The recent meeting of the National Science Advisory Board on Biosecurity this month was a public event to consider the status of gain-of function experiments with highly pathogenic avian influenza H5N1 (HPAI). Such experiments were the basis of two controversial papers published earlier this year that elevated concerns over whether scientific research carried the danger of producing dangerous viruses that posed threats to human health. The meeting considered biosafety issues as well as the new NIH research funding framework. The development of a more stringent review process for NIH funding of such research is underway; public comments on the proposed policy are invited until January 10, 2013. Reports from the meeting indicate an emerging consensus from the participants that the current voluntary moratorium on HPAI research should be ended. Separately, the comment period to respond to the CDC’s question of whether HPAI viruses should now be included in the most stringent class of biological agents, Tier 1, has been extended to January 13, 2013.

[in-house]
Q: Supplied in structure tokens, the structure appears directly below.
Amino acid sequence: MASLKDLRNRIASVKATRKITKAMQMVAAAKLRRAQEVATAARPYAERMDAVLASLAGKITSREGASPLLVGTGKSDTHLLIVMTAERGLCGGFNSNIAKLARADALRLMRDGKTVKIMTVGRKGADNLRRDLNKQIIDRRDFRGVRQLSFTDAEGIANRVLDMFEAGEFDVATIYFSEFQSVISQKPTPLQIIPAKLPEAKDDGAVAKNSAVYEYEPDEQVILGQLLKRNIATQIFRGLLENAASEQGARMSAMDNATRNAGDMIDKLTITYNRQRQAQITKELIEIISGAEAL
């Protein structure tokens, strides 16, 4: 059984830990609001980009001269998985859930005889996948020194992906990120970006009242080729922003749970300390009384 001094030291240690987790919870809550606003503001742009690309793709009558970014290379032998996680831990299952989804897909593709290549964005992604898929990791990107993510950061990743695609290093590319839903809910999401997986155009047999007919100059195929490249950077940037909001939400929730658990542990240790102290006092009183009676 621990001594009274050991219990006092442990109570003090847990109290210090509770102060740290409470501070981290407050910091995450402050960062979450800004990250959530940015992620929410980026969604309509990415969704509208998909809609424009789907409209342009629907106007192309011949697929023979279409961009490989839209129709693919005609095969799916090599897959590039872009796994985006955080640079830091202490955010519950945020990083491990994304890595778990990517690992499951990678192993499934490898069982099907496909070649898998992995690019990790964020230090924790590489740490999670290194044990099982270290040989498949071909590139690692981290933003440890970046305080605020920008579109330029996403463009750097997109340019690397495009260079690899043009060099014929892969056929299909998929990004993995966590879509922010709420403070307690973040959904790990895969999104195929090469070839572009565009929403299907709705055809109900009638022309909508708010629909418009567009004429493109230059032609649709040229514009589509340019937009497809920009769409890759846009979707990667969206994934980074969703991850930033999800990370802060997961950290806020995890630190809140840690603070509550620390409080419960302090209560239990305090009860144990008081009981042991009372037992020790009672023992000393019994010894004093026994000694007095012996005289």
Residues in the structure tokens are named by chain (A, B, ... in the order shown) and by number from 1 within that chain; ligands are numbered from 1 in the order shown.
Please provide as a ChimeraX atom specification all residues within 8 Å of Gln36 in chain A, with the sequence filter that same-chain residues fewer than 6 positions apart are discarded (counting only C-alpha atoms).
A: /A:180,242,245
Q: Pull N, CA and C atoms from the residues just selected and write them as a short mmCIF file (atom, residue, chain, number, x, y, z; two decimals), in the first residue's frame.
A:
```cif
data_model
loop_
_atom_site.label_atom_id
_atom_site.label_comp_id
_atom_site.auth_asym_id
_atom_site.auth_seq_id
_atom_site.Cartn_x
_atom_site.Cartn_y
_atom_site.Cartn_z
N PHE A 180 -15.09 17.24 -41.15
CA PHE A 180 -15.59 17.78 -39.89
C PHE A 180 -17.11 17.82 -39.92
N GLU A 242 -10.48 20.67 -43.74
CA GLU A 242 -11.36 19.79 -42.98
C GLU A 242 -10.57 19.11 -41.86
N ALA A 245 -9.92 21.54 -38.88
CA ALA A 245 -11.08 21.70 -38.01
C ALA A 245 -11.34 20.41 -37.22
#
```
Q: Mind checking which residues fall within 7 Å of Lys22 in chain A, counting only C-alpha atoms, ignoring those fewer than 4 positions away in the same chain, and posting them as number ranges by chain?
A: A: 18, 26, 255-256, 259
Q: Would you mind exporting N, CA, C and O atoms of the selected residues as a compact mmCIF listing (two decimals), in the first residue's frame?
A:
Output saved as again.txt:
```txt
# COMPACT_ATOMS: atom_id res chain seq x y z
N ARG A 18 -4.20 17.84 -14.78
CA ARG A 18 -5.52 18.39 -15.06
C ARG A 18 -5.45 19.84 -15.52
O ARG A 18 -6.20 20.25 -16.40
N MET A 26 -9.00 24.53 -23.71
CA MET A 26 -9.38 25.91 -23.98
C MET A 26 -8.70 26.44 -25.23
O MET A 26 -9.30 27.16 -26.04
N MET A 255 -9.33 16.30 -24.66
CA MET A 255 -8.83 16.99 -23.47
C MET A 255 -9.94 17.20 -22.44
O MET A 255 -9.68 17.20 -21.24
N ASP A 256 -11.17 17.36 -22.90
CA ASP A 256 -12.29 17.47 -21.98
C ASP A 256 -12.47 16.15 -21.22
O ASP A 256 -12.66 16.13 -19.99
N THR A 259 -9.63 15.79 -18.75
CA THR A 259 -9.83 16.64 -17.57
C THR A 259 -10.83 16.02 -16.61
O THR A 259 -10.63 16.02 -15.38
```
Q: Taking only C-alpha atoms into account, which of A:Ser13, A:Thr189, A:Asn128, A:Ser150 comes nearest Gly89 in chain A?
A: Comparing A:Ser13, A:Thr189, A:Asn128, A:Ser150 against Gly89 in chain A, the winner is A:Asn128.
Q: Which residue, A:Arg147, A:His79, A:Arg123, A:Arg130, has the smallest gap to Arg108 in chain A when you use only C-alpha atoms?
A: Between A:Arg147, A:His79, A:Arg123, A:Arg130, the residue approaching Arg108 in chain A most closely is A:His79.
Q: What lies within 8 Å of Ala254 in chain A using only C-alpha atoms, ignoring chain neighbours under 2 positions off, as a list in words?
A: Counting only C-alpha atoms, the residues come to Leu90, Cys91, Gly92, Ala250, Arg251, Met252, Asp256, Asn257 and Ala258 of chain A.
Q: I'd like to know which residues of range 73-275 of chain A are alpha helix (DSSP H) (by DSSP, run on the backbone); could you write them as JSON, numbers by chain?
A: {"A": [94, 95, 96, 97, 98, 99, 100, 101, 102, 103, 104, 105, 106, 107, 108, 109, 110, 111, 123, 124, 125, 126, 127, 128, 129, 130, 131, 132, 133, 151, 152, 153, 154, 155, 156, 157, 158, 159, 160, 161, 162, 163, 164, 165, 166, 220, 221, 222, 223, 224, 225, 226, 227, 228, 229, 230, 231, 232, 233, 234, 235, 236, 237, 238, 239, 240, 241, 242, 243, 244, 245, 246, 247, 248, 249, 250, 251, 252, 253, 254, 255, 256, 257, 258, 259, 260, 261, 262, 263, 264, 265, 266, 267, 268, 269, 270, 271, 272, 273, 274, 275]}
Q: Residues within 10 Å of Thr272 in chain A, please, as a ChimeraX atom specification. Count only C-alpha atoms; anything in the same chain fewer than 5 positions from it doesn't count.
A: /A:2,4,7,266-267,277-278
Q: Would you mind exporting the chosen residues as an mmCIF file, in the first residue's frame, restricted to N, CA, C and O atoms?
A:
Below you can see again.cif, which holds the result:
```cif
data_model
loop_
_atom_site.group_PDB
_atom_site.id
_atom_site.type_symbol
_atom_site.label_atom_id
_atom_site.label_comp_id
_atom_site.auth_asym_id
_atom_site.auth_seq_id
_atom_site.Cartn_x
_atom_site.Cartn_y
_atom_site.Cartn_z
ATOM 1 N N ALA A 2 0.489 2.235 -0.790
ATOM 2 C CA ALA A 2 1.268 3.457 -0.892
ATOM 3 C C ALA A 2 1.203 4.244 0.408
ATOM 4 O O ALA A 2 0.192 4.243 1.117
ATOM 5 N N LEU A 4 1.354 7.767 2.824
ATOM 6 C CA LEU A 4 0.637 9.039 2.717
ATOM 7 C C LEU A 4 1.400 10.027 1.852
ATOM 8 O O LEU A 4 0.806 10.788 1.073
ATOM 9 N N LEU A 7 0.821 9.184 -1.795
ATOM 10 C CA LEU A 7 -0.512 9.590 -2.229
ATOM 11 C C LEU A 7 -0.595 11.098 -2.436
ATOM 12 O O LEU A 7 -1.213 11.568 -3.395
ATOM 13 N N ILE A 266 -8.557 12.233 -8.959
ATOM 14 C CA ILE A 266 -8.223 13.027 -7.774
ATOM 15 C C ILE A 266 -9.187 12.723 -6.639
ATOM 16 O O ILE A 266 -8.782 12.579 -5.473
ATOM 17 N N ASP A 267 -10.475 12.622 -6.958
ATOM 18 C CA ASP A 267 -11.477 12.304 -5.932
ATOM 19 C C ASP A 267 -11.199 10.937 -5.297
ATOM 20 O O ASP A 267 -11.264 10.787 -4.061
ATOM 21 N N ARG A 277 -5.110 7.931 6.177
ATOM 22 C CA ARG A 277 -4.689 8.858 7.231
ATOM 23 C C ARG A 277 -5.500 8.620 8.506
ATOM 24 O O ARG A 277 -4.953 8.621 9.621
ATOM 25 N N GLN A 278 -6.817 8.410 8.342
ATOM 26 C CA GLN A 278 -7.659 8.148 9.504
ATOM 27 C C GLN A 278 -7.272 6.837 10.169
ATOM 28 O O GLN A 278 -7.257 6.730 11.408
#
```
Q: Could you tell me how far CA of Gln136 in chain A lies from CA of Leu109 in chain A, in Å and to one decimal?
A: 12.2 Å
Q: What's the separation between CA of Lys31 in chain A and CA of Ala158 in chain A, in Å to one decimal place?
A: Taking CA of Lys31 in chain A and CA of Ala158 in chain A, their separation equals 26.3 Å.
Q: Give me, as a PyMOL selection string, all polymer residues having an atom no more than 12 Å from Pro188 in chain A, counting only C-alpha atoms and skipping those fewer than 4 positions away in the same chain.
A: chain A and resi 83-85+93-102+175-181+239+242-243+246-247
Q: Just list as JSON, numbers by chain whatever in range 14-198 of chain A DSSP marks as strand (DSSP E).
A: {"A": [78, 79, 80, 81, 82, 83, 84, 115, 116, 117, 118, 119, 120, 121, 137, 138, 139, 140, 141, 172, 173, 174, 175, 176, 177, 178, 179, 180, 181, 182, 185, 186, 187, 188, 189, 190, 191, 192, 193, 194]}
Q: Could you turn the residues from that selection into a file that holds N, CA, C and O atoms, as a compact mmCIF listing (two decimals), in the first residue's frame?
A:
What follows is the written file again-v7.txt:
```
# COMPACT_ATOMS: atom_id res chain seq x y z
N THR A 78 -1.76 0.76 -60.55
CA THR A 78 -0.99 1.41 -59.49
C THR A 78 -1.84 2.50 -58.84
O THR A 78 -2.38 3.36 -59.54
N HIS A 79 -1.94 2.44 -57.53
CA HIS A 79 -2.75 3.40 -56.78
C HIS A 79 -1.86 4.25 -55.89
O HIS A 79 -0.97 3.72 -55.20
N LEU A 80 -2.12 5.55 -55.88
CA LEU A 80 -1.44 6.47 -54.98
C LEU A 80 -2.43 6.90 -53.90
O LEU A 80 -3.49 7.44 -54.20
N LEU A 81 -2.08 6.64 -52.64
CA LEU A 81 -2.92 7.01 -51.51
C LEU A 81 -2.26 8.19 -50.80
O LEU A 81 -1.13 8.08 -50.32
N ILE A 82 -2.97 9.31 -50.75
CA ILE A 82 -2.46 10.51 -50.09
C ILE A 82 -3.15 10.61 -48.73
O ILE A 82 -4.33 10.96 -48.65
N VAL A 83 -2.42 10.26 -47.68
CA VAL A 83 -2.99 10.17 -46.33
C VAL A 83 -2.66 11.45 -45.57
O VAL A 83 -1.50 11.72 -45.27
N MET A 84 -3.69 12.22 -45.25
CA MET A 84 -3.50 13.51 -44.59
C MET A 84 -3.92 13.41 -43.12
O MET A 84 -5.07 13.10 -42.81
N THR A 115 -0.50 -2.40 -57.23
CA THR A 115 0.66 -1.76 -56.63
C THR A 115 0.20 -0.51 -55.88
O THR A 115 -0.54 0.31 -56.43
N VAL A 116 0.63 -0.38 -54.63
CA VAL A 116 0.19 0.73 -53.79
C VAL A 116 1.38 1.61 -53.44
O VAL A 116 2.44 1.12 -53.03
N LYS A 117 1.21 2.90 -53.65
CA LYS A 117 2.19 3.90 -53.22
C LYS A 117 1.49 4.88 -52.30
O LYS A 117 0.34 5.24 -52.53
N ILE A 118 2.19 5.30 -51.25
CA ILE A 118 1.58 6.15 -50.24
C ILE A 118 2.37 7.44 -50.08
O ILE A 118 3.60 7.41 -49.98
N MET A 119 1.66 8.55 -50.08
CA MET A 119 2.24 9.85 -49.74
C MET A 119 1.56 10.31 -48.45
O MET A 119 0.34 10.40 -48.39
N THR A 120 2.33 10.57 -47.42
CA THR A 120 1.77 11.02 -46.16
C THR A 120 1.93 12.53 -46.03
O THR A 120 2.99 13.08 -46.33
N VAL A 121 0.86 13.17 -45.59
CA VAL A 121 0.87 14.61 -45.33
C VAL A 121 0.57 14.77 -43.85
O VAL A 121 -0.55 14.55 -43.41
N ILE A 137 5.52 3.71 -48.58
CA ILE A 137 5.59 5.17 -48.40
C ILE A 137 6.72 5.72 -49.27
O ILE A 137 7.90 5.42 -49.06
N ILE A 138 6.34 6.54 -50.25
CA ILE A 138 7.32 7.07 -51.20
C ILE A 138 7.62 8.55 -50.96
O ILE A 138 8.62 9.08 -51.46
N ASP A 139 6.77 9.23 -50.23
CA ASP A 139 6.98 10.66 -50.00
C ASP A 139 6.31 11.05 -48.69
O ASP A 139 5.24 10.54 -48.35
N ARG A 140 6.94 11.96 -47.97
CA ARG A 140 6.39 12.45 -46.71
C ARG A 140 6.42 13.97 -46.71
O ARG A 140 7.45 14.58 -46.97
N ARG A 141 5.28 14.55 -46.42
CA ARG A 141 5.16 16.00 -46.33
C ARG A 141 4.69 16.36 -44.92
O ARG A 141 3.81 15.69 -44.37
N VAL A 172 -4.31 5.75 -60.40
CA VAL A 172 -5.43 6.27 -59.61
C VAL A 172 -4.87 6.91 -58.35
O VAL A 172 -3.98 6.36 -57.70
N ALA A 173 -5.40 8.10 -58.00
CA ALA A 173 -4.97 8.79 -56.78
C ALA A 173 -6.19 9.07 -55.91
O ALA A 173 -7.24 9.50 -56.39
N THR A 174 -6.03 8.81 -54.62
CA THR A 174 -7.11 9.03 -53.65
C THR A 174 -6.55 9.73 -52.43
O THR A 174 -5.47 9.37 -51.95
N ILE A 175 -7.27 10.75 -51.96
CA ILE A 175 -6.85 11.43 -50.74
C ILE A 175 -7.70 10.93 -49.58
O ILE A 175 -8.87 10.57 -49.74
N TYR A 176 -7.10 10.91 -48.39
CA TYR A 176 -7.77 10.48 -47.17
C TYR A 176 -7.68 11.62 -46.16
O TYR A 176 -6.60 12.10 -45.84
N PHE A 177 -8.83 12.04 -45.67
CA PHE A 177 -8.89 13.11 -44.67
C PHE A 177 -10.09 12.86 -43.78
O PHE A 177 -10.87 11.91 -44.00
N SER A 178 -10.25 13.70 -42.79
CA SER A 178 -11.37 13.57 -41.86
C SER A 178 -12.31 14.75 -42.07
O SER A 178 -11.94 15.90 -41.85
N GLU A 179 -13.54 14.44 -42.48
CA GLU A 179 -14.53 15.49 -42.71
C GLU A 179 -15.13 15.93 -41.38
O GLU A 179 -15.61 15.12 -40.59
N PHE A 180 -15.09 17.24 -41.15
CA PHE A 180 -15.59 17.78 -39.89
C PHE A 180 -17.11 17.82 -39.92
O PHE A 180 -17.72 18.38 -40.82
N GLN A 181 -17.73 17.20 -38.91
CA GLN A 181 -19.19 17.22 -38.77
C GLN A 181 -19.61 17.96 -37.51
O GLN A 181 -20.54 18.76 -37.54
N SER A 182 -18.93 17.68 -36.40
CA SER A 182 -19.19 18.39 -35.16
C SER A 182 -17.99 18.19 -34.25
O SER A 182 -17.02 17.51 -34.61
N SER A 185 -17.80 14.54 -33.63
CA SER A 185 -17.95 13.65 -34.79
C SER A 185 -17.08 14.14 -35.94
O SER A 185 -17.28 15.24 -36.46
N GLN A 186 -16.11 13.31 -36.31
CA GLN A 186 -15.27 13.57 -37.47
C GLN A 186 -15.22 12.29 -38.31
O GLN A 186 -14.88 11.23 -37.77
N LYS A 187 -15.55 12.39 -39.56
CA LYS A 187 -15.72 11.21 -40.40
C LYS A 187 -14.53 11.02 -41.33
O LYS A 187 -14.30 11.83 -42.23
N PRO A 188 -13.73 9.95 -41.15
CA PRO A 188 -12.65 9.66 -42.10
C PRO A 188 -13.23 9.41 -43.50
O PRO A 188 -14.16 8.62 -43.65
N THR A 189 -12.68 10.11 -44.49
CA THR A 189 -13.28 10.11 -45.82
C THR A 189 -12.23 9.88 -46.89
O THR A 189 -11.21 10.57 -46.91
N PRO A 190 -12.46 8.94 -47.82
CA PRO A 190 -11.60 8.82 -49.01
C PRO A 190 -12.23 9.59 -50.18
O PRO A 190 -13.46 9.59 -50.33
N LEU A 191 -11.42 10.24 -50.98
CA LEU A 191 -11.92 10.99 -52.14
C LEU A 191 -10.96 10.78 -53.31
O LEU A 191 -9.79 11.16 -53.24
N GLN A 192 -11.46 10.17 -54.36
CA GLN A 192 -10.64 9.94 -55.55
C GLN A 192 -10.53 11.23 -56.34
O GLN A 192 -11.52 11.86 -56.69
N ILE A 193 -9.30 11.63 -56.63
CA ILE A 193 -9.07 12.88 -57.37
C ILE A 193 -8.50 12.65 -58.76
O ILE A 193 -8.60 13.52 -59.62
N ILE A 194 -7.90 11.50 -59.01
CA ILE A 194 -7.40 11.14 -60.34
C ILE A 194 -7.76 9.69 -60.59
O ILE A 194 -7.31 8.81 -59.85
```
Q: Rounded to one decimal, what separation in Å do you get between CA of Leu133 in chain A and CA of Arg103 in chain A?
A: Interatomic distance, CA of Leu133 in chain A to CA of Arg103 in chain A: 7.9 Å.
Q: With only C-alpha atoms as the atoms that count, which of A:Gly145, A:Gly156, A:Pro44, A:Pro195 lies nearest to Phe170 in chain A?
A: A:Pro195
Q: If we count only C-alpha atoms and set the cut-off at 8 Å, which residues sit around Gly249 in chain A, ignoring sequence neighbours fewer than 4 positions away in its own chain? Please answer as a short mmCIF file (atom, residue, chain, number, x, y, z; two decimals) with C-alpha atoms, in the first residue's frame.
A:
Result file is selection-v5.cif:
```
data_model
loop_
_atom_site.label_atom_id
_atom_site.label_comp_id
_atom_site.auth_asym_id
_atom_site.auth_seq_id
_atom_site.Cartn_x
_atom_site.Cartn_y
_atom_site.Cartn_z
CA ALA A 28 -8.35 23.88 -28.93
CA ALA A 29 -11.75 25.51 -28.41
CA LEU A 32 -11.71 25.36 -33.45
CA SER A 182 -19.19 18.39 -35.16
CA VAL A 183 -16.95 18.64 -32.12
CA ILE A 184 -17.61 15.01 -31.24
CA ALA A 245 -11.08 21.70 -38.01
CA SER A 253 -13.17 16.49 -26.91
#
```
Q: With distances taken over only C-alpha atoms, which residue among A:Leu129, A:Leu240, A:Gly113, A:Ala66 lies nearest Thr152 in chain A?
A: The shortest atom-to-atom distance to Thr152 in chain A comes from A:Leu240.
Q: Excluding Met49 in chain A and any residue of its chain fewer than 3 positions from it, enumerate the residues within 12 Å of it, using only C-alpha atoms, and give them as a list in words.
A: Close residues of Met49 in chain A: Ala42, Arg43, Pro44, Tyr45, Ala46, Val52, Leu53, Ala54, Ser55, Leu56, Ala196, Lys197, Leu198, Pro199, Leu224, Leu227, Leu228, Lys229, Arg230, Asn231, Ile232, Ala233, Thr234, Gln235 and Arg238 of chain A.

A recent review paper by Dr. Anthony Fauci, director of the National Institute of Allergy and Infectious Diseases, and colleagues looks at 20 years of emerging infectious diseases (EID). The concept of EID was elevated into prominence with the publication of an Institute of Medicine report in 1991 that considered EID as threats to U.S. health. The 20 year period since encompasses the AIDS and SARS pandemics, although the AIDS crisis began in the 1980’s. Both are viral diseases, and the difficulty in designing effective treatment regimens underscores the fears associated with a possible emergence of pandemic influenza. The concept of EID as a critical focus of public health research and surveillance is well-established, and the SARS pandemic in 2003 illustrated not only the obvious scientific challenges, but how international cooperation (e.g., data-sharing) was essential to tracking outbreaks. Another recent paper in PLOS Medicine analyzes pandemic preparation with reference to lessons learned from SARS and other international public health crises, noting that although pandemics will appear in the developed countries because of global travel, etc., the likelihood of initial pathogen emergence in less-developed countries means that public health infrastructure remains a general gatekeeper to the world's overall health. The authors caution that disease-specific programs (e.g., AIDS-specific, vertical) can shift focus and resources from baseline public health maintenance in a manner that facilitates the development of pandemic outbreaks. In an effort to locate the “proximate driver implicated in each outbreak” the authors find that the most significant predicate is the “breakdown of public health measures includes inadequate sanitation and hygiene, e.g., the shortage of potable water, poor immunization coverage or the lack of infrastructure to purchase and deliver vaccine, and the deterioration of vector-borne and zoonotic disease control.” Thus, pandemic preparedness relies on a combination of high-tech and low-tech measures; determining the genome sequence of an emerging virus is routine today, but such a technical achievement does not supplant the need for investment in the low-tech infrastructure that helps to limit the spread of any emerging pathogen.